Monday, 28 February 2011

Lightbulb moment: I find myself

I reckon if I just put a rug over it, that's pretty much me done*

I have never (to my knowledge) known anyone who's needed to "find themself". I have never had the urge to find myself. I am right here on the sofa woofing down a can of salted cashews like there is no tomorrow. In fact, I can barely type because I am so hungry and can't stop eating them. Why? Well, I decided I should start a diet, literally eat less cause I eat too much, and now I am really, really hungry. I can't stand being hungry, and that is probably the fundamental basis of dieting, and that combined with the fact that I am woofing back these cashew nuts, is probably not going to make my bum smaller.

Nonetheless, here I am, now utterly parched from all that salt, and I am completely off-topic. The point is, I have inadvertantly discovered an awful truth about myself. And not through going off to Thailand and laying on a beach, though that mught be nice, and I might lose weight as I don't really like Thai food. No, sadly I was reading my own blog. I was reading it because someone I met in the past few months has asked if they can read it and I thought I better just make sure I hadn't inadvertantly mentioned them somewhere or said something that they'd get upset with. Quite why though I started reading from the beginning I have no idea, but I did and it was a bit like reading about someone else.

And that person is LAZY. Totally and utterly. I think I have always painted it as 'procrastination', but no, now that it's all laid out in front of me in black and white and sometimes photographic blog form, I can see it for what it is. I have always known that I am not tidy; that I hate cleaning, but looking back, I am just kidding myself. I patently just. can't. be. bothered.

I'd like to think I had changed. I'd love to say that this move to Berlin has made me into a nicer, tidier, cleaner person, but it hasn't. Today, I got a call while I was at the doctor's with Hamish from the guy who's been looking at our mouldy window in the back bedroom to say he wanted to come round again to have another look. Hamish and I raced back, and I had a half hour to get the place into a reasonable shape for a 'guest'. I went into the bedroom and saw a mountain of assorted crap on the floor. I could have sorted out the dirty washing from the boxes of contact lenses and shin guards and shoes, but I didn't. I did my usual and opened the wardrobe and stuffed the whole lot in, and told Hamish not to go near the wardrobe doors lest he be lost in a freak wardrobe avalanche.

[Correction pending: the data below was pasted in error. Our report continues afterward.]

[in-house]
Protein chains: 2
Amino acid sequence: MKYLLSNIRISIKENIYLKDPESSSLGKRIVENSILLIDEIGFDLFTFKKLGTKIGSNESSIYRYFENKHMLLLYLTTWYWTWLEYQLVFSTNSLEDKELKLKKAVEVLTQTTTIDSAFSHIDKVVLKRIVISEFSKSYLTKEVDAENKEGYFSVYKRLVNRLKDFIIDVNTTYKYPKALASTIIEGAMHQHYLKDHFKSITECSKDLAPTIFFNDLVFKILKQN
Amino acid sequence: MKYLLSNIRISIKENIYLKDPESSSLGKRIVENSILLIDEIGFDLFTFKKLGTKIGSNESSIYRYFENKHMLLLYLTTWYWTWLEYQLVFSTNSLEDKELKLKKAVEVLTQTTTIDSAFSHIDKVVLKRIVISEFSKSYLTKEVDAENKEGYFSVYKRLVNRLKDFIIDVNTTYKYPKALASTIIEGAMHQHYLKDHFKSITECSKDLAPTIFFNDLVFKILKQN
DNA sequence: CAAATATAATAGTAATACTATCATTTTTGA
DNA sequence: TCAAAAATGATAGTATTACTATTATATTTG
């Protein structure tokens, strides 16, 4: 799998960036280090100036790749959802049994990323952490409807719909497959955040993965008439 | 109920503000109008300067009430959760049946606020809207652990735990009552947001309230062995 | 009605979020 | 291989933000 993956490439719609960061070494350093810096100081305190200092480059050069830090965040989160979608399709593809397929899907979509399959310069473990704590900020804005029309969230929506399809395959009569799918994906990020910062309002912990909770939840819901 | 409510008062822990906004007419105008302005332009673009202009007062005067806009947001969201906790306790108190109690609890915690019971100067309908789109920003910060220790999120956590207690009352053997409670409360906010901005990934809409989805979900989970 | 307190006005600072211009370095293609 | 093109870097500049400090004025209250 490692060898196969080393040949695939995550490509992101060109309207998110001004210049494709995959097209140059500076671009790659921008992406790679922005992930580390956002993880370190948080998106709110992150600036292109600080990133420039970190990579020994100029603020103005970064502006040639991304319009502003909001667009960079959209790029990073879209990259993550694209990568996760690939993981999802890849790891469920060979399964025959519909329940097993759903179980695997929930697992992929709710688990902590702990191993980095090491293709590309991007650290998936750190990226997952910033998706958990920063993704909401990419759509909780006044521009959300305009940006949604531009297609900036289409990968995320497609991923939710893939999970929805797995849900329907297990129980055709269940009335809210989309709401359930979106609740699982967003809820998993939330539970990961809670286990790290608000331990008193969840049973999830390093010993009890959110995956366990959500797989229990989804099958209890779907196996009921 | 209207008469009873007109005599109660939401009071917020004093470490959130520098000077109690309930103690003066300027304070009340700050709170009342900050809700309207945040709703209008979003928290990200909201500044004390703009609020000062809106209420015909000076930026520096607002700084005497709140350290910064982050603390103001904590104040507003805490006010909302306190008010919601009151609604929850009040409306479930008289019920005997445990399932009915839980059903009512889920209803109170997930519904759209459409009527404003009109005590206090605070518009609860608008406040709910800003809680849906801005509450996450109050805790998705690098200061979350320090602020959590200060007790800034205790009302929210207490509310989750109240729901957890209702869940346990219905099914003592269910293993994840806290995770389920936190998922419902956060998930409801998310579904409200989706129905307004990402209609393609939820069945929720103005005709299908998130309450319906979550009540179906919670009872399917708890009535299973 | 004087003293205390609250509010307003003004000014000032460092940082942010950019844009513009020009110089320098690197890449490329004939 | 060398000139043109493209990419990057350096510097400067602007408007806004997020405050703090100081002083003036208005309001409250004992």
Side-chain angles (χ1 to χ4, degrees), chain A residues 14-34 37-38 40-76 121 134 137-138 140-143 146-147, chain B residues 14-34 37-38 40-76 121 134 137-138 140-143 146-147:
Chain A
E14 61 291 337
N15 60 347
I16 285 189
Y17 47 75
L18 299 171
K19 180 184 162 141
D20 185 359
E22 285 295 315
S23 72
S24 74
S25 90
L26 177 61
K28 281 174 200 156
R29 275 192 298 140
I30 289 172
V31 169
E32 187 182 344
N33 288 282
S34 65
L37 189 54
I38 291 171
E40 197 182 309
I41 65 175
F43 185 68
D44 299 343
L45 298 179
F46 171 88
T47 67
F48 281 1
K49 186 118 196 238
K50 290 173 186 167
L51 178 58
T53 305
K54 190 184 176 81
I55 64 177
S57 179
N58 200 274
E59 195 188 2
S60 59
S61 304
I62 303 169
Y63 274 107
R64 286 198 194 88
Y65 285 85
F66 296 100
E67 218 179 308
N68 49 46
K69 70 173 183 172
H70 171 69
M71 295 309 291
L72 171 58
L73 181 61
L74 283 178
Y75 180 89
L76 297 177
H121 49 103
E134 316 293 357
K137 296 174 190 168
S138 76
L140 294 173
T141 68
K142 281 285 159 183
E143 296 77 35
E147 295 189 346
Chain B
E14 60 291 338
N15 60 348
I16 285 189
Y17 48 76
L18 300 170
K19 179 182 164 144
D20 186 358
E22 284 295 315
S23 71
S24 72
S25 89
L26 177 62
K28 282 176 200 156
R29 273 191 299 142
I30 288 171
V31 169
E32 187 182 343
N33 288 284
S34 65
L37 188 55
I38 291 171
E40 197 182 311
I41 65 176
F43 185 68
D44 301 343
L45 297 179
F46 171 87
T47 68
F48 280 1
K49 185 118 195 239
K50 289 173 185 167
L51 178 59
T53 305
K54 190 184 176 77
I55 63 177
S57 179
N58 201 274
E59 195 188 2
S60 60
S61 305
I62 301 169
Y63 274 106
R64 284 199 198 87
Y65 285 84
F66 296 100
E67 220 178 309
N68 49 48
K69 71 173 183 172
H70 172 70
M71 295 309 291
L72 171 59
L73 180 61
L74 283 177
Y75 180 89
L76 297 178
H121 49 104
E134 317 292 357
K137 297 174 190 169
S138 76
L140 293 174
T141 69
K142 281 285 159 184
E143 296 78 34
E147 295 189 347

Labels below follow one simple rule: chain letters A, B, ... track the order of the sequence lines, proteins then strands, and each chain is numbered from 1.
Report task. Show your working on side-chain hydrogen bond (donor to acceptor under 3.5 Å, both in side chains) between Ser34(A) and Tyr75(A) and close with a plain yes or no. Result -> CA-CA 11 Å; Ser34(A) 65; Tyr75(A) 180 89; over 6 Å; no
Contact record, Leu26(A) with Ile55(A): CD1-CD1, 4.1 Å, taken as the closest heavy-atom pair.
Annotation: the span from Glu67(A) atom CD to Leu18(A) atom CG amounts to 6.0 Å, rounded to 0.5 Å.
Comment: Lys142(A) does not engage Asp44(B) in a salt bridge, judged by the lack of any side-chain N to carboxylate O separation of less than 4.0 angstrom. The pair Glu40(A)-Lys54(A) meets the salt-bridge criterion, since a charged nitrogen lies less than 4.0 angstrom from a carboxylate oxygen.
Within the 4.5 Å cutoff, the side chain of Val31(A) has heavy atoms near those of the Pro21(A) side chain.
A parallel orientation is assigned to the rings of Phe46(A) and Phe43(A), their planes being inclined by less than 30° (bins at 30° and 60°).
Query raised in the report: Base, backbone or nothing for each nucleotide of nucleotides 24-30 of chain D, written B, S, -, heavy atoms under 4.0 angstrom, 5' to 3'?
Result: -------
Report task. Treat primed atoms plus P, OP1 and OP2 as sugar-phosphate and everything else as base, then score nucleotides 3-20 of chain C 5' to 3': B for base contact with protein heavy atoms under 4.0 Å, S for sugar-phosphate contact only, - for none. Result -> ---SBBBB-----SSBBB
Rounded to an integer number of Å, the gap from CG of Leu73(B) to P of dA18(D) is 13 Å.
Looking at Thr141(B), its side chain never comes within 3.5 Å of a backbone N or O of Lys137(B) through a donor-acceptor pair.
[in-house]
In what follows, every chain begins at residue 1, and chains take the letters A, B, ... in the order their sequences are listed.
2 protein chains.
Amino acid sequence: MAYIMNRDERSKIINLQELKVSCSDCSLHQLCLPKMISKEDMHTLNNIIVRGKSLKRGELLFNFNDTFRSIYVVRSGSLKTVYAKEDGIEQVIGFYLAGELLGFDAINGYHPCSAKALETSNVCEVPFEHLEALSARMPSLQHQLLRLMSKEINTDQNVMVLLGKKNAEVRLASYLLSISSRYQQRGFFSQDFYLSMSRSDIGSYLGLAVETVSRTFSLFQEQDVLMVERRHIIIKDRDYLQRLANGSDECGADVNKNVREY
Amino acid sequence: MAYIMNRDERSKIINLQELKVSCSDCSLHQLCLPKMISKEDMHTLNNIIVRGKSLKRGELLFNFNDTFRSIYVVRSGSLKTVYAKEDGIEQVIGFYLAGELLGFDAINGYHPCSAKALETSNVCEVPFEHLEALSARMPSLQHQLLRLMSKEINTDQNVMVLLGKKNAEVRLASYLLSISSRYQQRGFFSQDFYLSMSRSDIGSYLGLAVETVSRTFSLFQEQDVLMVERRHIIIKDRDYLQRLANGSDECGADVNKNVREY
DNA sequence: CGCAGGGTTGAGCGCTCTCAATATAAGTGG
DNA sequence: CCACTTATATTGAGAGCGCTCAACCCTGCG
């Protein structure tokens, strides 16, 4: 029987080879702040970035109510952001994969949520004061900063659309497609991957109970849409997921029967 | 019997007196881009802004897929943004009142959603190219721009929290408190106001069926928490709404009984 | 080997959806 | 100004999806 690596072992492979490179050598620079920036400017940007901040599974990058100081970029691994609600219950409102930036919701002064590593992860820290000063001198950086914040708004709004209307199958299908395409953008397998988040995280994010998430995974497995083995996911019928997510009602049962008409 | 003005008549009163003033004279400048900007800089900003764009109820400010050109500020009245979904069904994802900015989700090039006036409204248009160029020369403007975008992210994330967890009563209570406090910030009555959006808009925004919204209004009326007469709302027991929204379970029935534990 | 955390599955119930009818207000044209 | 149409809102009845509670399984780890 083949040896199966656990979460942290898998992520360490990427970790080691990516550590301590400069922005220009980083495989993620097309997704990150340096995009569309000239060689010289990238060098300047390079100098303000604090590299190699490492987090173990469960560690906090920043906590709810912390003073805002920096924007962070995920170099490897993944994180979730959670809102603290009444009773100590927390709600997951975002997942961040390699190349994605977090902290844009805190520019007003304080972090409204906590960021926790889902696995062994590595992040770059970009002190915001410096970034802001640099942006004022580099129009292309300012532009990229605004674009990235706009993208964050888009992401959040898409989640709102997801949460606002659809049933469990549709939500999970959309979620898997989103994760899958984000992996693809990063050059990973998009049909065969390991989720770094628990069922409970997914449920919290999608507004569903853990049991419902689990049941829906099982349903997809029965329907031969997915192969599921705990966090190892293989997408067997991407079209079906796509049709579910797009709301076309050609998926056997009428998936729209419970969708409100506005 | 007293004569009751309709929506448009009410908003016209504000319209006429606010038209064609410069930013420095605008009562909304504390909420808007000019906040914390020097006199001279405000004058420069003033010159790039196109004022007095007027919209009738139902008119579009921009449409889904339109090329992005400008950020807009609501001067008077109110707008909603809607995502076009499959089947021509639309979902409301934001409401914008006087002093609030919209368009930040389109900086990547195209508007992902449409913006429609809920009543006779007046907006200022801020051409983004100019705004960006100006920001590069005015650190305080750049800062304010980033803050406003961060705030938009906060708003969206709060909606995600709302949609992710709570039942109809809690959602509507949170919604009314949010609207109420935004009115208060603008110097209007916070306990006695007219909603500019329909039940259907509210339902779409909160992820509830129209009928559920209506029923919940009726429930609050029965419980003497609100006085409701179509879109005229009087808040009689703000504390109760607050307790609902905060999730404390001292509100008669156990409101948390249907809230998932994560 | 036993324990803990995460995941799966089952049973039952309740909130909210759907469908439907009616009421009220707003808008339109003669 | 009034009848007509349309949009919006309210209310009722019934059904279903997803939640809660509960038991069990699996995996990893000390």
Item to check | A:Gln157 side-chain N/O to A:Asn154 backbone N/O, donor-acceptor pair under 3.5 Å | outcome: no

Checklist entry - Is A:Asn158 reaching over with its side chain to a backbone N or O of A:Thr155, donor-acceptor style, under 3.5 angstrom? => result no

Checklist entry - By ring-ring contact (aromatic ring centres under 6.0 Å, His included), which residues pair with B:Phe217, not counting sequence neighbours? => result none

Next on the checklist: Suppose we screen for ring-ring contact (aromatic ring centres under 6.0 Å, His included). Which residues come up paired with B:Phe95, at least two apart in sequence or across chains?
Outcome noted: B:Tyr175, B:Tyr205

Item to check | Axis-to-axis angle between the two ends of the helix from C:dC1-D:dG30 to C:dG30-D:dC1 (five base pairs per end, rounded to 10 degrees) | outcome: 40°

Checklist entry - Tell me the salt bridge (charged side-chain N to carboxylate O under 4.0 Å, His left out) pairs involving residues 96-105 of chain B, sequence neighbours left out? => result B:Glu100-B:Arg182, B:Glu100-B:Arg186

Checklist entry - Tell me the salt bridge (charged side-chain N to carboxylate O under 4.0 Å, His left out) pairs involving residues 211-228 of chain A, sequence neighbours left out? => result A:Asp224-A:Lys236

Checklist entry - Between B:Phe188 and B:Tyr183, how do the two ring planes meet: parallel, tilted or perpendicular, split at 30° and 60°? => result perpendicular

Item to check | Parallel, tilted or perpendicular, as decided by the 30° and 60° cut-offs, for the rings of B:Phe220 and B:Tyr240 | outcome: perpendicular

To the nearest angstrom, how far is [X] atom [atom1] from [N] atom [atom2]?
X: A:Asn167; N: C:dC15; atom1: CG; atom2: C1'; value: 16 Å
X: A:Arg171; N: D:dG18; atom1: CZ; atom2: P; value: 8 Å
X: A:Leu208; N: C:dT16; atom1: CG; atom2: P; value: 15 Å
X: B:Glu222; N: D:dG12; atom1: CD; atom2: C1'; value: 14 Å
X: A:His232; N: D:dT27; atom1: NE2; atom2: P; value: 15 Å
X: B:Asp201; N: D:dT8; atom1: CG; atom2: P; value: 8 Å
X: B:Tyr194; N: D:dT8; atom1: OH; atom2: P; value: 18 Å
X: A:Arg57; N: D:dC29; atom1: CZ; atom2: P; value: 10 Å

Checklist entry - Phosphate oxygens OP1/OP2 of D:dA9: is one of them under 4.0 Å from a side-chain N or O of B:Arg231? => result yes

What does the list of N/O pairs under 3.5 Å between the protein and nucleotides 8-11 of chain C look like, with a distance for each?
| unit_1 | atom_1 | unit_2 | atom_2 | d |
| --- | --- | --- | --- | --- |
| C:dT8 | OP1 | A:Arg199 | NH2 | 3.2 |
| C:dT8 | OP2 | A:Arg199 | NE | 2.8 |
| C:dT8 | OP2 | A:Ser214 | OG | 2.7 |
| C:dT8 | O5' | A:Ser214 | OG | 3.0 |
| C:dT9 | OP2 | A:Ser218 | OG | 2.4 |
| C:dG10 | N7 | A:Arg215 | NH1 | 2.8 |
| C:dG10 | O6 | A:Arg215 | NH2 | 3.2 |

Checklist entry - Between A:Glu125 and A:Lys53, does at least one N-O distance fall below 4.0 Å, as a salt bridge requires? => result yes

I then went round the other rooms and did pretty much the same thing, throwing toys into boxes they didn't come from, and cleaning only the bits of the bathroom floor that you can see. Unfortunately I missed the little brioche roll we'd been keeping behind the sofa that sits 2 feet in front of the living room window where the man stood and took some more photos. It would have been better for me if it had stayed stuck to the sole of his shoe and he'd taken it away with him.

Tomorrow I have a plumber coming round at 8am. We have a leak under the sink. I have had to force myself to clean and tidy the kitchen tonight. Not even my shame is enough. I had to bribe myself with the cashew nuts to get myself to scrub the kitchen floor. If I thought I could put it off until tomorrow I would have. But I am too lazy to get up at 6 am to get started on it.

The only thing going in my favour is the fact that I did actually sort out the pile of crap stuffed into the wardrobe tonight. But that was only after Stevie inadvertantly decided to get himself ready for football training...

* Actually, I would just like to point out that this photo was taken just after we moved in. It's not like that anymore. Honestly... Half of it is hidden by our dining room table and chairs.

Sunday, 27 February 2011

The Mysterious Fasching Carnival

Today was a beautiful day! Gorgeous blue skies, though you can't really tell that from the photos. And maybe (?) a little milder than it has been. We decided to go to the zoo (you know, just for a change. I've only been 3 times this winter alone). But, on our way there we bumped into the 'Fasching' near Zoo Station.

I've been wondering about the Fasching for a few weeks. There have been felt-tipped posters up in Kita (my main source of information regarding the festivals and traditions of Germany) saying that the kids need to come dressed up for the Fasching in March. I couldn't tell from the little badly cut out pictures of people dressed up what the theme was, so I asked. Only to be told there's no theme. You can dress up as anything.

So was does the Fasching celebrate? Not many people seem to know. The people at Kita couldn't tell me, and anyone else I have asked was a bit vague. And certainly going to the thing won't help you work it out. So I looked it up when we got home today. Apparently it's a carnival that starts on the 11th of November and lasts all the way until Shrove Tuesday. It is celebrated mostly in Catholic areas and is related to the Rio Carnival. There are celebrations on different days, but mostly things start gearing up around the end of February/ beginning of March.

There were a lot of people dressed up today in the crowd. And not even just the kids. A broad spectrum of age groups. There were pirates, prisoners, nuns, clowns, a family in purple wigs (wish I'd got their photo) and anything else you could imagine. The streets were mobbed with people waiting for the float procession. We decided to wait for a bit and see what would happen.